Visual cues. We all have them on our Macs. We all use them. What Mac OS X Leopard needs, and what Mac software needs, is more visual cues.
We spend too much time trying to figure out what is going on while our Macs should be telling us. What got me started on my Friday rant?
In a word, Bambi. Her mini review of Microsoft Office 2008 for Mac mentioned that Visual Basic for Applications is no longer included in Excel. That’s a great loss for Mac Office users, albeit a minority.
The key word was “visual”. As in visual cues, those little stop and go signs sprinkled all over your Mac which tell you what’s happening without bothering you in the process.
The Dashboard is a grotesque example of visual cues. Invoke Dashboard and look at the Weather or Stock Widgets. Quickly, efficiently, and visually, you’re cued as the weather and stock market status.
Other visual cues in OS X Leopard are included in the Dock. The Dock’s application, utility, and document icons tell you things. When an icon bounces, that application is trying to tell you something.
The little blue light below the icon tells you the application or utility is running somewhere among the mess of windows on your Mac.
The number inside the iCal icon tells you the day of the month. The number inside the Mail icon tells you how many unopened messages you have in Mail.
Those are visual cues and we don’t have enough of them in either Leopard or Mac applications and utilities.
Leopard’s Menu Bar can be loaded up with visual cues, though subtle. Mine is loaded. Count the icons in your Menu Bar. Mine has, from right to left, Spotlight, my name, the time, Sound, Airport status, .Mac sync, AppleScripts, iChat status, Little Snitch status, ChronoSync scheduler, DoorStop firewall status, Weather Pop weather status, S.M.A.R.T. disk reporter, Default folder, and TextExpander.
Not all of those icons provide visual cue status, rather handy visual cues so you can find and use a frequently used utility. Handy, but not glaringly so. I want more visual cues. I want my Mac to interact more with me, updating me, giving me status reports, telling me what’s happening without interfering with what I’m doing at the time.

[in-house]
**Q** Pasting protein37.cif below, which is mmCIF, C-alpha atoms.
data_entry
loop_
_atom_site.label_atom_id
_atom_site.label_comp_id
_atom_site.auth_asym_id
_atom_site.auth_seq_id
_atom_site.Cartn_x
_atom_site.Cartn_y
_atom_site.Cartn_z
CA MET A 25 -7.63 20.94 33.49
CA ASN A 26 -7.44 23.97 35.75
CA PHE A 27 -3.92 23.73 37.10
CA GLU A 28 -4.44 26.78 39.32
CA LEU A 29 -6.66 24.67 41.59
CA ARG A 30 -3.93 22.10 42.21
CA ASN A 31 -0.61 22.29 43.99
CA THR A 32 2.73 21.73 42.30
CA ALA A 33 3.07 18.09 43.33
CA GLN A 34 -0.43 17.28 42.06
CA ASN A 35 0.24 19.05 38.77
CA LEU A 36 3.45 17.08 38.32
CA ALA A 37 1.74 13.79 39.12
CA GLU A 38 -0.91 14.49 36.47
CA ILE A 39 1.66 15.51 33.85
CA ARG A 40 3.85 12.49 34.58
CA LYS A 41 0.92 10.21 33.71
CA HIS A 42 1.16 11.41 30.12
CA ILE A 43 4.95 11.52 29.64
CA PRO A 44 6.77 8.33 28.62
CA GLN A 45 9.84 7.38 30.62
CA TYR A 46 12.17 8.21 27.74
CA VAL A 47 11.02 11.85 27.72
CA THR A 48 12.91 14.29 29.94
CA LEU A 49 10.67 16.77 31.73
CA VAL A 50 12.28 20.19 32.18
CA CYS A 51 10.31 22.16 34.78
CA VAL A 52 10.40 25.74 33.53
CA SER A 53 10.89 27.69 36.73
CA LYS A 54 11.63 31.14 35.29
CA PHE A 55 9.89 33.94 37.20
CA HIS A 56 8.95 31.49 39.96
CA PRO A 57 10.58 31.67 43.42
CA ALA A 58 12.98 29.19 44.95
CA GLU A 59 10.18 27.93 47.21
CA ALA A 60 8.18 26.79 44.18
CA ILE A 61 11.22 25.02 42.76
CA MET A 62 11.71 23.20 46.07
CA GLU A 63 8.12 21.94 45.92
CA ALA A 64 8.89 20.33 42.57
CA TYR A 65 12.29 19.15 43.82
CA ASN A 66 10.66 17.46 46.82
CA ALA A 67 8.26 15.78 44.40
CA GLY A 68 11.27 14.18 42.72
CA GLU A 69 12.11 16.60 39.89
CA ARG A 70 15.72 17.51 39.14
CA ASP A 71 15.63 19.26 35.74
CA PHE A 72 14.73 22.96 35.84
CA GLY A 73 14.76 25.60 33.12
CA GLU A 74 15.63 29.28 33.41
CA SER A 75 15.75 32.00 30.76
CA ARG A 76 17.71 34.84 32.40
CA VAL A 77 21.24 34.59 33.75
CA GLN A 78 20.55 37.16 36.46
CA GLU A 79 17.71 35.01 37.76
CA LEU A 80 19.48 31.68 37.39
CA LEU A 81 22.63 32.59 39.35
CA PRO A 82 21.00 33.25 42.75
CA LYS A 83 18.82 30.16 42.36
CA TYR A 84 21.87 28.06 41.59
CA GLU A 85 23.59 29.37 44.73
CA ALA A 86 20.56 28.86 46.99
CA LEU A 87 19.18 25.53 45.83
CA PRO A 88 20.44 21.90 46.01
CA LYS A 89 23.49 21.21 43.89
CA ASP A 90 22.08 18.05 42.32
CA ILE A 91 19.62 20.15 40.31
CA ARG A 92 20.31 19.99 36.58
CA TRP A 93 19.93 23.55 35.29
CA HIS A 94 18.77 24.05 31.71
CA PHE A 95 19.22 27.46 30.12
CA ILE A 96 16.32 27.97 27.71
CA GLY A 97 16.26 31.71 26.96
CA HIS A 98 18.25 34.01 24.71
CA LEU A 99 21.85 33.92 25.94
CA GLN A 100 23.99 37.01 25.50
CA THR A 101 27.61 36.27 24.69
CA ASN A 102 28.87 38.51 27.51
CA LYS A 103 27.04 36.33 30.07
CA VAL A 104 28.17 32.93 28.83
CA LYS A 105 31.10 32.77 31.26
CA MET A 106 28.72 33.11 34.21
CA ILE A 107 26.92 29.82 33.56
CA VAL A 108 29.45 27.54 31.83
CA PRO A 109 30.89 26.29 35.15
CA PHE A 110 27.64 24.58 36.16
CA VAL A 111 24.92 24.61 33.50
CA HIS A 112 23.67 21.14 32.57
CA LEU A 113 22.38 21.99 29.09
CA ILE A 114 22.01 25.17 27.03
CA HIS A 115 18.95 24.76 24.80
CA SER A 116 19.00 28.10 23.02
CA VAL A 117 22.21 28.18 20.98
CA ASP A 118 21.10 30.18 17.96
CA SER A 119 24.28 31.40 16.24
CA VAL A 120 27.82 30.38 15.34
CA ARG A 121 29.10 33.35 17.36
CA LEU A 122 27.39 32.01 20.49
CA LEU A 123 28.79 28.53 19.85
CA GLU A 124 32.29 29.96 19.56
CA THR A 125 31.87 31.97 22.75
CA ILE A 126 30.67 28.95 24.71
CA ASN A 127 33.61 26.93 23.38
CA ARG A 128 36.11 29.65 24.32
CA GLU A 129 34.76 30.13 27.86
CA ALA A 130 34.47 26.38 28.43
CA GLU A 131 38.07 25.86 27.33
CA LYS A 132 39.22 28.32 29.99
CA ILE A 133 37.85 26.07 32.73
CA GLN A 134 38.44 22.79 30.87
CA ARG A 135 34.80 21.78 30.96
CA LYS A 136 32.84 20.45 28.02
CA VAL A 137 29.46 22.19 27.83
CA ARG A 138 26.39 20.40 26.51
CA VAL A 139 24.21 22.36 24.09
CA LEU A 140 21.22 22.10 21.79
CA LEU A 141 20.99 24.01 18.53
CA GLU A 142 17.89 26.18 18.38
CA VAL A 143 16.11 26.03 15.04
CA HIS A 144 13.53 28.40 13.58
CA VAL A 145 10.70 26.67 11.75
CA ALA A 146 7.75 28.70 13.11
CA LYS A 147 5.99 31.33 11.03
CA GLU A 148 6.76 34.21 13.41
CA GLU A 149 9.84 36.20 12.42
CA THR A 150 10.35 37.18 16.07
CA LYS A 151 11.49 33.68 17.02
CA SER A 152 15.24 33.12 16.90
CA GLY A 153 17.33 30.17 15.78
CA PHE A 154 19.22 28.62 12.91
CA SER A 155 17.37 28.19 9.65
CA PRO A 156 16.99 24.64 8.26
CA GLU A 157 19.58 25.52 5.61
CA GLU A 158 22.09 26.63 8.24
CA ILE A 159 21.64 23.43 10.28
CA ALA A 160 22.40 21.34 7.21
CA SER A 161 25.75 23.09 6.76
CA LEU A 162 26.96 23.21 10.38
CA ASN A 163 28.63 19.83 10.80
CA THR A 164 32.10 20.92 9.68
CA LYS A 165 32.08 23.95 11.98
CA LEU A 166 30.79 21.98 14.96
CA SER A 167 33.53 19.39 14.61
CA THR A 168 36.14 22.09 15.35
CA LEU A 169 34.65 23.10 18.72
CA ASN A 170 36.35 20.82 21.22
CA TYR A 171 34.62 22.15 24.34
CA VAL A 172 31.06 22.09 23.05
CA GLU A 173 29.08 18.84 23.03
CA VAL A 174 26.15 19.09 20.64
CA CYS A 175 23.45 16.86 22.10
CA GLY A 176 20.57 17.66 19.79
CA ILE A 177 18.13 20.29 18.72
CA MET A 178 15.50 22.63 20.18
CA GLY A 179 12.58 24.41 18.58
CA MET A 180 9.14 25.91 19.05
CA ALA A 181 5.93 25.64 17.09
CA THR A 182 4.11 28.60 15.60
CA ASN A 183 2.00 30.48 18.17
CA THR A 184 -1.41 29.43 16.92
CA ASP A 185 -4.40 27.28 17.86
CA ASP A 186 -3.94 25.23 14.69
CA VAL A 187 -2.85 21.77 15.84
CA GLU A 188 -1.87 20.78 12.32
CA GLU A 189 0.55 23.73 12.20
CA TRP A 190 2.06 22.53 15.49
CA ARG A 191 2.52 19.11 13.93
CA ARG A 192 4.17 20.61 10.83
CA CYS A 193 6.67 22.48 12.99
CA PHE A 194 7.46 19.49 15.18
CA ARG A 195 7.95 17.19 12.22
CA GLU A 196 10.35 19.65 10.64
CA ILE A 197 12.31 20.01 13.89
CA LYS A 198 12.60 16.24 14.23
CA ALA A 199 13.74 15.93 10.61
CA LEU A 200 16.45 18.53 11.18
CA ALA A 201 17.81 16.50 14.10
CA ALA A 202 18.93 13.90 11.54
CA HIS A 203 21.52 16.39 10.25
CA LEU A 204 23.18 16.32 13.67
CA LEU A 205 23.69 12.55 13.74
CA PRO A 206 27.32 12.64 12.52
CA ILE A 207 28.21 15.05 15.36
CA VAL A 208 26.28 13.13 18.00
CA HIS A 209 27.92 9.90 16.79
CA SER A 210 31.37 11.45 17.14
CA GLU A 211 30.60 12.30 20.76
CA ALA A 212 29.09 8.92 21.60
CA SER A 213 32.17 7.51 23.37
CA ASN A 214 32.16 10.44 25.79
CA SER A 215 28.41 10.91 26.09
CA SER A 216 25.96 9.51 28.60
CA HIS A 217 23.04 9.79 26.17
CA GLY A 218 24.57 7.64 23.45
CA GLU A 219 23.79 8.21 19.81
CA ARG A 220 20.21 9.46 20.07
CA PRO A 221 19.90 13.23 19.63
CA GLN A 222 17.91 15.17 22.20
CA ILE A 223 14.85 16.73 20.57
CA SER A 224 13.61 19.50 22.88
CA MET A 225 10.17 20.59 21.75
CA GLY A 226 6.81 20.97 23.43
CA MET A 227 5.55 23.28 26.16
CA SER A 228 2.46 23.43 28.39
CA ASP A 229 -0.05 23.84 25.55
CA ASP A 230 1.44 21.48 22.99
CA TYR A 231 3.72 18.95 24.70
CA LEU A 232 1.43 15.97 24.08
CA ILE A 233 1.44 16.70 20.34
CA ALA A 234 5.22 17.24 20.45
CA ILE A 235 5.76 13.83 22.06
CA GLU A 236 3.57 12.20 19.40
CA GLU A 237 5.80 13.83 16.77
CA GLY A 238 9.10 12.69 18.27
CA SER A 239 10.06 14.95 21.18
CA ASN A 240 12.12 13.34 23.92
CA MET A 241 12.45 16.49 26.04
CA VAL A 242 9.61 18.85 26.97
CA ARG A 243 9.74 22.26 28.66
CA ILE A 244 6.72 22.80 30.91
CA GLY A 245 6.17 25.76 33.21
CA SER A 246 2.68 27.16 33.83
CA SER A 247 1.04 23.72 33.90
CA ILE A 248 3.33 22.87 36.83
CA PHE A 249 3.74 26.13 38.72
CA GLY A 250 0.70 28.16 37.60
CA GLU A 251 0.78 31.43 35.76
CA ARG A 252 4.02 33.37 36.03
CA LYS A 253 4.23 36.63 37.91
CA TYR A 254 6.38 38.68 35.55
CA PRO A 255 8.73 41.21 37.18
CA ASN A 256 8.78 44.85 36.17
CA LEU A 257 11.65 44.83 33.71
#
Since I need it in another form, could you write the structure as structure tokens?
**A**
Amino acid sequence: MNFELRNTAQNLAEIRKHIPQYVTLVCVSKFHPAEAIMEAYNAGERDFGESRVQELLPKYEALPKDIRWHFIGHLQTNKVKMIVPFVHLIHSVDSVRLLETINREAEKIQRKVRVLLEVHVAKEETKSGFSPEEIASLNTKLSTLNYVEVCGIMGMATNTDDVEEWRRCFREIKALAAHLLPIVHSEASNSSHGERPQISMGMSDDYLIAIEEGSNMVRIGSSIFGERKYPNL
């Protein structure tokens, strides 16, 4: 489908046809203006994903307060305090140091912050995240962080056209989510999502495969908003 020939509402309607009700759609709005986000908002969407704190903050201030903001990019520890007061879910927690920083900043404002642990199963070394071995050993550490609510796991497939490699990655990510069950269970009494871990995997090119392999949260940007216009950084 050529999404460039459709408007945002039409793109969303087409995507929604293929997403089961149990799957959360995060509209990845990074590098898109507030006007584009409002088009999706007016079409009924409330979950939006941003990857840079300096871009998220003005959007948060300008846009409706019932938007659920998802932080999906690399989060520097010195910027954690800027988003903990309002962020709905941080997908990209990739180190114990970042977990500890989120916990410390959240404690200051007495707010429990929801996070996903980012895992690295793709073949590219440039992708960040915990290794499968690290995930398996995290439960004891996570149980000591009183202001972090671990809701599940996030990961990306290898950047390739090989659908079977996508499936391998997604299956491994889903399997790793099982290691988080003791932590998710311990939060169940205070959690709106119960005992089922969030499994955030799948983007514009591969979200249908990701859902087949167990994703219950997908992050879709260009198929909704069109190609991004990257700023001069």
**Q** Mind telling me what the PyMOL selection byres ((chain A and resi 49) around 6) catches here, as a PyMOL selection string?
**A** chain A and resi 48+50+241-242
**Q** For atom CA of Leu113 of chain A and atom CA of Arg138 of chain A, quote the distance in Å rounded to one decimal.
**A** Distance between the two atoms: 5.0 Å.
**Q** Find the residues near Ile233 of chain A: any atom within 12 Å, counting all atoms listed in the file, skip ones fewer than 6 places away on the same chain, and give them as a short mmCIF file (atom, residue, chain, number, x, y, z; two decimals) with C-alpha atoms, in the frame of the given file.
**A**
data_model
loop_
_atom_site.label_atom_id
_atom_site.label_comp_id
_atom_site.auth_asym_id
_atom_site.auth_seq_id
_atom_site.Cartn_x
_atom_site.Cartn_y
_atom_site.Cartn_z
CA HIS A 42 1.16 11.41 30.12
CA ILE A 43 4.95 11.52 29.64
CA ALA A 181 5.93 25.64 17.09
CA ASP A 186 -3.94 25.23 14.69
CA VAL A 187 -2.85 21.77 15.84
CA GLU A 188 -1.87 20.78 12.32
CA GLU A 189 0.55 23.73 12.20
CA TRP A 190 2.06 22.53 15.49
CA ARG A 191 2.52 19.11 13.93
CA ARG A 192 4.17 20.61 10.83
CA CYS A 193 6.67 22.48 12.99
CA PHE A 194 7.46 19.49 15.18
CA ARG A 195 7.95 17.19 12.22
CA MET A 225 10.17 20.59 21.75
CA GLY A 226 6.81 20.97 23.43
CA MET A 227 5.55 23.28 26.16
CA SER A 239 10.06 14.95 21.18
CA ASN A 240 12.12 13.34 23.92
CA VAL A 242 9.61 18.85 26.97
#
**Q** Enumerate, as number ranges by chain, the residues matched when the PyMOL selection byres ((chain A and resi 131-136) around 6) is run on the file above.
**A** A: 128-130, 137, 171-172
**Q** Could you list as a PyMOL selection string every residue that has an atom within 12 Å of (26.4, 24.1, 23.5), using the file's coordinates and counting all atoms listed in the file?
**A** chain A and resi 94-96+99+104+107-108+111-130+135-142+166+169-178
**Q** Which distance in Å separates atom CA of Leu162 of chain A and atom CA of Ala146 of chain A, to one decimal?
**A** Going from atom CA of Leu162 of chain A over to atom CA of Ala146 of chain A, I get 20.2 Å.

That’s not so easy to do, though I suspect we’re about to enter a new age of visual cues on the Mac. The Finder is loaded with visual cues. I soak my Finder Tool Bar with cues and utility. There’s a Desktop folder so I can quickly drop files onto the Desktop.
The Finder Tool Bar also has icons for Downloads, Applications, OS X Files, and the standard Burn, Delete, New Folder, Connect, and Get Info. Each provides a cue to what it is, therefore what it does, and keeps itself hand, barely a click away. The Finder Sidebar provides similar functionality.
What about Mac utilities and applications? Not enough visual cues for me. I’ve used Drag Thing for all of this century and part of the last century.
The Processes and Network Docks float on my Mac and tell me what’s mounted, what apps are open, and so on. Handy, but not full of additional information.
My favorite new utility is Together, an elegant information manager similar to Yojimbo. That little sidebar shelf is so handy and makes everything I need to save a simple drag and drop function.
But it doesn’t tell me much more than, “Hello, I’m here. Use me.” It would be nice if it had a quick mouse rollover status of how many items are in my to-do folder, and which ones are urgent. As it is, I have to click over to Together, dig into the folders in the sidebar and check status.
In other words, both Mac OS X Leopard and various applications and utilities offer some visual cues, but they’re mostly anemic attempts to inform us of availability and status, but not much else. I want more. I want more interaction.
For example, why can’t applications pop up little reminder boxes, perhaps 100×100 pixels, and line up in a stack along the right side of my Mac’s screen. Visual? Yes. Unobtrusive? Yes. Colorful, graphic, animated? Yes. Highly useful? Yes. So where are they?
Not to get too far off topic (we’re ‘Mac’360 and not iPhone360), but Apple advanced the visual cue mechanisms in the recent v1.1.3 software update to iPhone. Want to move the icons around? They jiggle to let you know it’s OK to move them, or add to them. That’s a great visual cue.
What about you? What visual cues do you love on your Mac? Which do you hate or find worthless? What visual cues would you like to see and where?